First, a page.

AP Sports Writer
WASHINGTON -- After scanning the globe for talent and hosting workouts for dozens of players from around the country, the Washington Wizards could end up using the third overall pick in the NBA draft on someone who played college ball in the nation's capital.
Georgetown sophomore Otto Porter, Jr. won't have to make any adjustment to the rims and floorboards at the home of the Wizards, because that's also the court the Hoyas use for their home games. More importantly, the Wizards need a small forward with a flair for playing defense, and that's as good a description as any for the 6-foot-8 Porter.
"They've got great young guys, I think I'll be a good fit with them," Porter said after performing recently for the Washington.
Naturally, the Wizards aren't saying much about who they plan to take at No. 3 on Thursday night. For one thing, their pick could be influenced by who Cleveland and Orlando will select at 1 and 2, respectively.
"I don't think this draft has a clear-cut No. 1 or a clear-cut ranking of 1, 2, 3, 4, 5," team President Ernie Grunfeld said.
But Washington has a pretty good idea of what it needs to become a playoff team, and Porter -- and perhaps UNLV forward Anthony Bennett -- appear to be viable options.
"We're going to go with the best player available for our situation, for where we are and where we're trying to head," Grunfeld said. "What we want to do is add a player we feel can be part of this core, this nucleus that we're building with. We feel good about our young backcourt of John (Wall) and Bradley (Beal) moving forward, and we'd like to add another piece here that can be with us for many years to come."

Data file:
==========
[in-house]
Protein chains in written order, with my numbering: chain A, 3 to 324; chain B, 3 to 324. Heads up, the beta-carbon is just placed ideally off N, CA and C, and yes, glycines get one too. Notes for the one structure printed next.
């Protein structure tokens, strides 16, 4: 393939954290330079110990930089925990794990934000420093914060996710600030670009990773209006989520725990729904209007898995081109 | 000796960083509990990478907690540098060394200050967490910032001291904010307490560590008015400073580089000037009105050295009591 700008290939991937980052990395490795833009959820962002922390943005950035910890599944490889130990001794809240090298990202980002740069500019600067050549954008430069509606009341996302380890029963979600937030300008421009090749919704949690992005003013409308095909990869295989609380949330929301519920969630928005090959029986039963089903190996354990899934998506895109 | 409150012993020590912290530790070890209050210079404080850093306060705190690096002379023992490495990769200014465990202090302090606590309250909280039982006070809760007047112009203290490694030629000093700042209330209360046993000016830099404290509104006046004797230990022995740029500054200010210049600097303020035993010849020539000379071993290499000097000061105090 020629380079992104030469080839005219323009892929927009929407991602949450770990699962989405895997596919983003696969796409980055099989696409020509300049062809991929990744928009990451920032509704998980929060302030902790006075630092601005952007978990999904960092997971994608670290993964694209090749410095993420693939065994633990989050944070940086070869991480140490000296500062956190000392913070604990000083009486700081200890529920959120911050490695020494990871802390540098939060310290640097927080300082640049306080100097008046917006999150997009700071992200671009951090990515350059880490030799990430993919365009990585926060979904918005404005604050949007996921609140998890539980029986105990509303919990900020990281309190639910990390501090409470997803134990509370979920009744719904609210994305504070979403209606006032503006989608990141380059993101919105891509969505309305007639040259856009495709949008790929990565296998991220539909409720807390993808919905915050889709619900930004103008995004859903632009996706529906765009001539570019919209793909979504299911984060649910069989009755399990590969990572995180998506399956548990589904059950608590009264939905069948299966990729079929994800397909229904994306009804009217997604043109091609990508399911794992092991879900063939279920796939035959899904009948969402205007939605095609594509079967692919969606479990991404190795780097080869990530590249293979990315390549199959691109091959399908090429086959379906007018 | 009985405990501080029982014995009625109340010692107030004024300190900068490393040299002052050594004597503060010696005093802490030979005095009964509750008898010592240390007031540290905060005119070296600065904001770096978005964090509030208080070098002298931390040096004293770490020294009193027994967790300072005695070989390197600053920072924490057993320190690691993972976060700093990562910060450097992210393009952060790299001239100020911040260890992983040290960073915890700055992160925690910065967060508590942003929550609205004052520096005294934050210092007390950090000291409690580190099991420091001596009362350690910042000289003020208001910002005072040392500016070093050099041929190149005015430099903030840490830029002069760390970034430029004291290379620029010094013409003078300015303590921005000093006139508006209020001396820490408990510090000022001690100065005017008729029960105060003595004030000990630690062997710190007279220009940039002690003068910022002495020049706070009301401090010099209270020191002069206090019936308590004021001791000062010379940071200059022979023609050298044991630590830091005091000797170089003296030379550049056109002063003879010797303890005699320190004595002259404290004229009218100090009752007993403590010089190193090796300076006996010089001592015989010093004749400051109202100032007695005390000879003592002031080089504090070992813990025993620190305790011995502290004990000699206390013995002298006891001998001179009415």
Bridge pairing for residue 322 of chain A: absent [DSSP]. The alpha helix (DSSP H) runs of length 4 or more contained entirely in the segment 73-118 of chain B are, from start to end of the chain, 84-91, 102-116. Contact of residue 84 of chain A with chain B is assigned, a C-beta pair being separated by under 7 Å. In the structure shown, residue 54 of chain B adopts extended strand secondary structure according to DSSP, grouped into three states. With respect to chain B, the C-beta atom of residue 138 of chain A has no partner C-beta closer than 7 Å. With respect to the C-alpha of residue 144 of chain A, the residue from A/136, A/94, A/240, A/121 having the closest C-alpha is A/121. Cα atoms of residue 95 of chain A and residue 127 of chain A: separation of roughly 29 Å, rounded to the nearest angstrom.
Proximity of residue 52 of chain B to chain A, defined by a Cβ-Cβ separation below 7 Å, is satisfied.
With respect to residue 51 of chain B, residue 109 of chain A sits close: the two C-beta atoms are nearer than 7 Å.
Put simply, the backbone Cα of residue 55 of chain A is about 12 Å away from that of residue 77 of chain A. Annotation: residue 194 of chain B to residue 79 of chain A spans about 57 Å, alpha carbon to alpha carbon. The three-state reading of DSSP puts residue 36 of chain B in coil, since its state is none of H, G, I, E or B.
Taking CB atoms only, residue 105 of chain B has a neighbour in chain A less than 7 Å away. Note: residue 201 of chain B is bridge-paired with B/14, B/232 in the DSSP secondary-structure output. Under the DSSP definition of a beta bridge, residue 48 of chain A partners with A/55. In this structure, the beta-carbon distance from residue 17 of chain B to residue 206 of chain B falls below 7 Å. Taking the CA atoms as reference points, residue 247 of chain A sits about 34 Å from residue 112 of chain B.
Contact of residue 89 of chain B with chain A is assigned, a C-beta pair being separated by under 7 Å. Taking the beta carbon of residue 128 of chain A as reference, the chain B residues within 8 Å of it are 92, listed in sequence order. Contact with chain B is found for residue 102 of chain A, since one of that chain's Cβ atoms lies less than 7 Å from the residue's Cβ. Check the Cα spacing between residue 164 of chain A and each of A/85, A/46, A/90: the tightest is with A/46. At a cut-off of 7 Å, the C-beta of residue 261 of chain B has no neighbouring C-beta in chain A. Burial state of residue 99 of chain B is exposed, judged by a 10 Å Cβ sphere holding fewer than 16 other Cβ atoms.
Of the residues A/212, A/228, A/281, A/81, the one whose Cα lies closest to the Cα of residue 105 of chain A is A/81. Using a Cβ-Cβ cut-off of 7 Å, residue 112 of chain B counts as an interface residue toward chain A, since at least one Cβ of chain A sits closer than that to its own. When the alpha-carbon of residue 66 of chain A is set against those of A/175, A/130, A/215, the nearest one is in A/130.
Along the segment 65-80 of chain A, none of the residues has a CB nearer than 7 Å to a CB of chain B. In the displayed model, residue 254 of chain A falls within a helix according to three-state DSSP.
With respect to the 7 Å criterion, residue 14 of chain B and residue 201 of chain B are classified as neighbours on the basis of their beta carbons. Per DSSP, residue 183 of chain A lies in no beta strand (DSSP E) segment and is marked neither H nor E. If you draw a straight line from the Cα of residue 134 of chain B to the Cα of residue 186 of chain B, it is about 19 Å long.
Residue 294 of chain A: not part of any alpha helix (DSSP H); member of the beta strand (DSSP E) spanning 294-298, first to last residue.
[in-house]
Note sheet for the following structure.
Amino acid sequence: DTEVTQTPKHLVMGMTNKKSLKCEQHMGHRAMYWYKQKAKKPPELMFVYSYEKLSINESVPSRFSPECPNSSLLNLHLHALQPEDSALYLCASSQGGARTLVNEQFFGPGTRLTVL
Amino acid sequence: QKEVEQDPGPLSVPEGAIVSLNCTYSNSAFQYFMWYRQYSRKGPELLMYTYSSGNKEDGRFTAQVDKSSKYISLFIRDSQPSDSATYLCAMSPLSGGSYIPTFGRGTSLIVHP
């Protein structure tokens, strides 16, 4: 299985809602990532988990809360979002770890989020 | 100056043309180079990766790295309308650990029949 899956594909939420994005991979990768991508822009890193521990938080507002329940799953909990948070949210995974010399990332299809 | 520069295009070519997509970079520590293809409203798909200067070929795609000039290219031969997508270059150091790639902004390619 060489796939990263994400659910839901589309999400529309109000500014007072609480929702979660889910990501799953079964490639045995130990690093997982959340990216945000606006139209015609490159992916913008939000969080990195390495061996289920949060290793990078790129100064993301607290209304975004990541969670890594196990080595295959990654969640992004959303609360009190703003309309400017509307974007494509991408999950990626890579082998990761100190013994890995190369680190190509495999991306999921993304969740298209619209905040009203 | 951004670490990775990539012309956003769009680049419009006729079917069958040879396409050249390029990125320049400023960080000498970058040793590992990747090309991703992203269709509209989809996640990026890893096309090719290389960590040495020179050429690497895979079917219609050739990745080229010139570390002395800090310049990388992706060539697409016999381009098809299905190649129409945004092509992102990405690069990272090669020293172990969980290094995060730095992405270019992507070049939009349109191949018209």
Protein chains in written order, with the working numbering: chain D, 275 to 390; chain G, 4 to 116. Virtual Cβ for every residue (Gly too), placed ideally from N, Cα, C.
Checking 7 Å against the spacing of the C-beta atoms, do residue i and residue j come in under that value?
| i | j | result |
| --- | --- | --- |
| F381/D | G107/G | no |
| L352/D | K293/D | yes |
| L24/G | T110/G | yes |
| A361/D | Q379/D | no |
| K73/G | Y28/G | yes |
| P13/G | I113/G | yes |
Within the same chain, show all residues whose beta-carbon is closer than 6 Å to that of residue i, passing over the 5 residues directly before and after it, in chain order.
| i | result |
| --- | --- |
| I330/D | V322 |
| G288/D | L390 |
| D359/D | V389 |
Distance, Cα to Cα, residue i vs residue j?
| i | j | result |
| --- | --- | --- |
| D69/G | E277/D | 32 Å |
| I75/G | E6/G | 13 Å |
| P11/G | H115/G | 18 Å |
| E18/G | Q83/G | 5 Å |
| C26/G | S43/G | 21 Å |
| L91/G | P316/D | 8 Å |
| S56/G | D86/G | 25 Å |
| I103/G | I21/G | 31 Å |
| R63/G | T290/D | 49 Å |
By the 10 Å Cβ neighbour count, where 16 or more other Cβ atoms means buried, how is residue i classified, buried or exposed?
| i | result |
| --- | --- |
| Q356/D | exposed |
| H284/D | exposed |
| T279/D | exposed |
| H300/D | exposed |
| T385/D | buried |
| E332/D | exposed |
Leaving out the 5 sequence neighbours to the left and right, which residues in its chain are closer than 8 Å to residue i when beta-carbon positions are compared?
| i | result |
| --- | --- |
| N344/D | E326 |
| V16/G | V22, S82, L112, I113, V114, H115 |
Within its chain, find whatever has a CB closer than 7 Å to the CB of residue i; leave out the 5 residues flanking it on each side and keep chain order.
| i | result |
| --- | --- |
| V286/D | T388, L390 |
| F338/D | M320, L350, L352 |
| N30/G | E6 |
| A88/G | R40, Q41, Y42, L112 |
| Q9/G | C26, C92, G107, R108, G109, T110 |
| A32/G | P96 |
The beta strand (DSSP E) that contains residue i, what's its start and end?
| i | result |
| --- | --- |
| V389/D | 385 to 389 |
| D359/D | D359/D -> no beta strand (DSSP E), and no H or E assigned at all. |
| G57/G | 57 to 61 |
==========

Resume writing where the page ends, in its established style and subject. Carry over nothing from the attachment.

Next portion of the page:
Porter averaged 16.2 points and 6.8 rebounds a game for Georgetown last season. He scored 33 against Big East power Syracuse on 12-for-19 shooting in a 57-46 win in February.
If the Wizards are convinced he can rapidly make the transition to the pro game as a 20-year-old, then Porter just might be wearing red, white and blue as an NBA rookie.
"I think we're going to get a player who can come in, as a Bradley Beal did last year, and play quality minutes and give this team a boost," Wizards coach Randy Wittman said. "That's what we've been trying to do this offseason, get better and more talented, and think we're going to be able to do that with the third pick."
The Wizards could trade the pick to get a veteran capable of leading the young team, although Grunfeld didn't seem overly enthusiastic about the prospect.
"We've had some interesting conversations, and if something comes along we feel can help our team in the long term, as well as short term, it's something we'll look at," he said. "But we also feel good about the player that may be available at 3."
The Wizards also have two picks in the second round. Grunfeld says the Wizards don't intend to add three rookies to the roster, but he wasn't too optimistic about his chances of dealing his latter two choices for a chance to get another selection in the opening round.
"It's possible, but it's unlikely that a 38 and a 54 can move up to the first round," he said.
Washington hasn't had a winning record or reached the playoffs since 2007-08. Although the Wizards were 29-53 last season, they played well down the stretch, which provided Wittman and Grunfeld hope that a few more stars can make the difference.
"Our goal for next year is to make the playoffs," Grunfeld said. "The way we handled ourselves in the second half of last year, once we got healthy and got all our players back and as our young players started developing, we had a very good record. We feel good about the progress that our team made toward the end of last year, and now we have to build on that progress."
Wittman said: "As we said at the end of last year, we've got to continue to build around our core guys. We saw through injury last year that we didn't have the depth we needed to overcome that."
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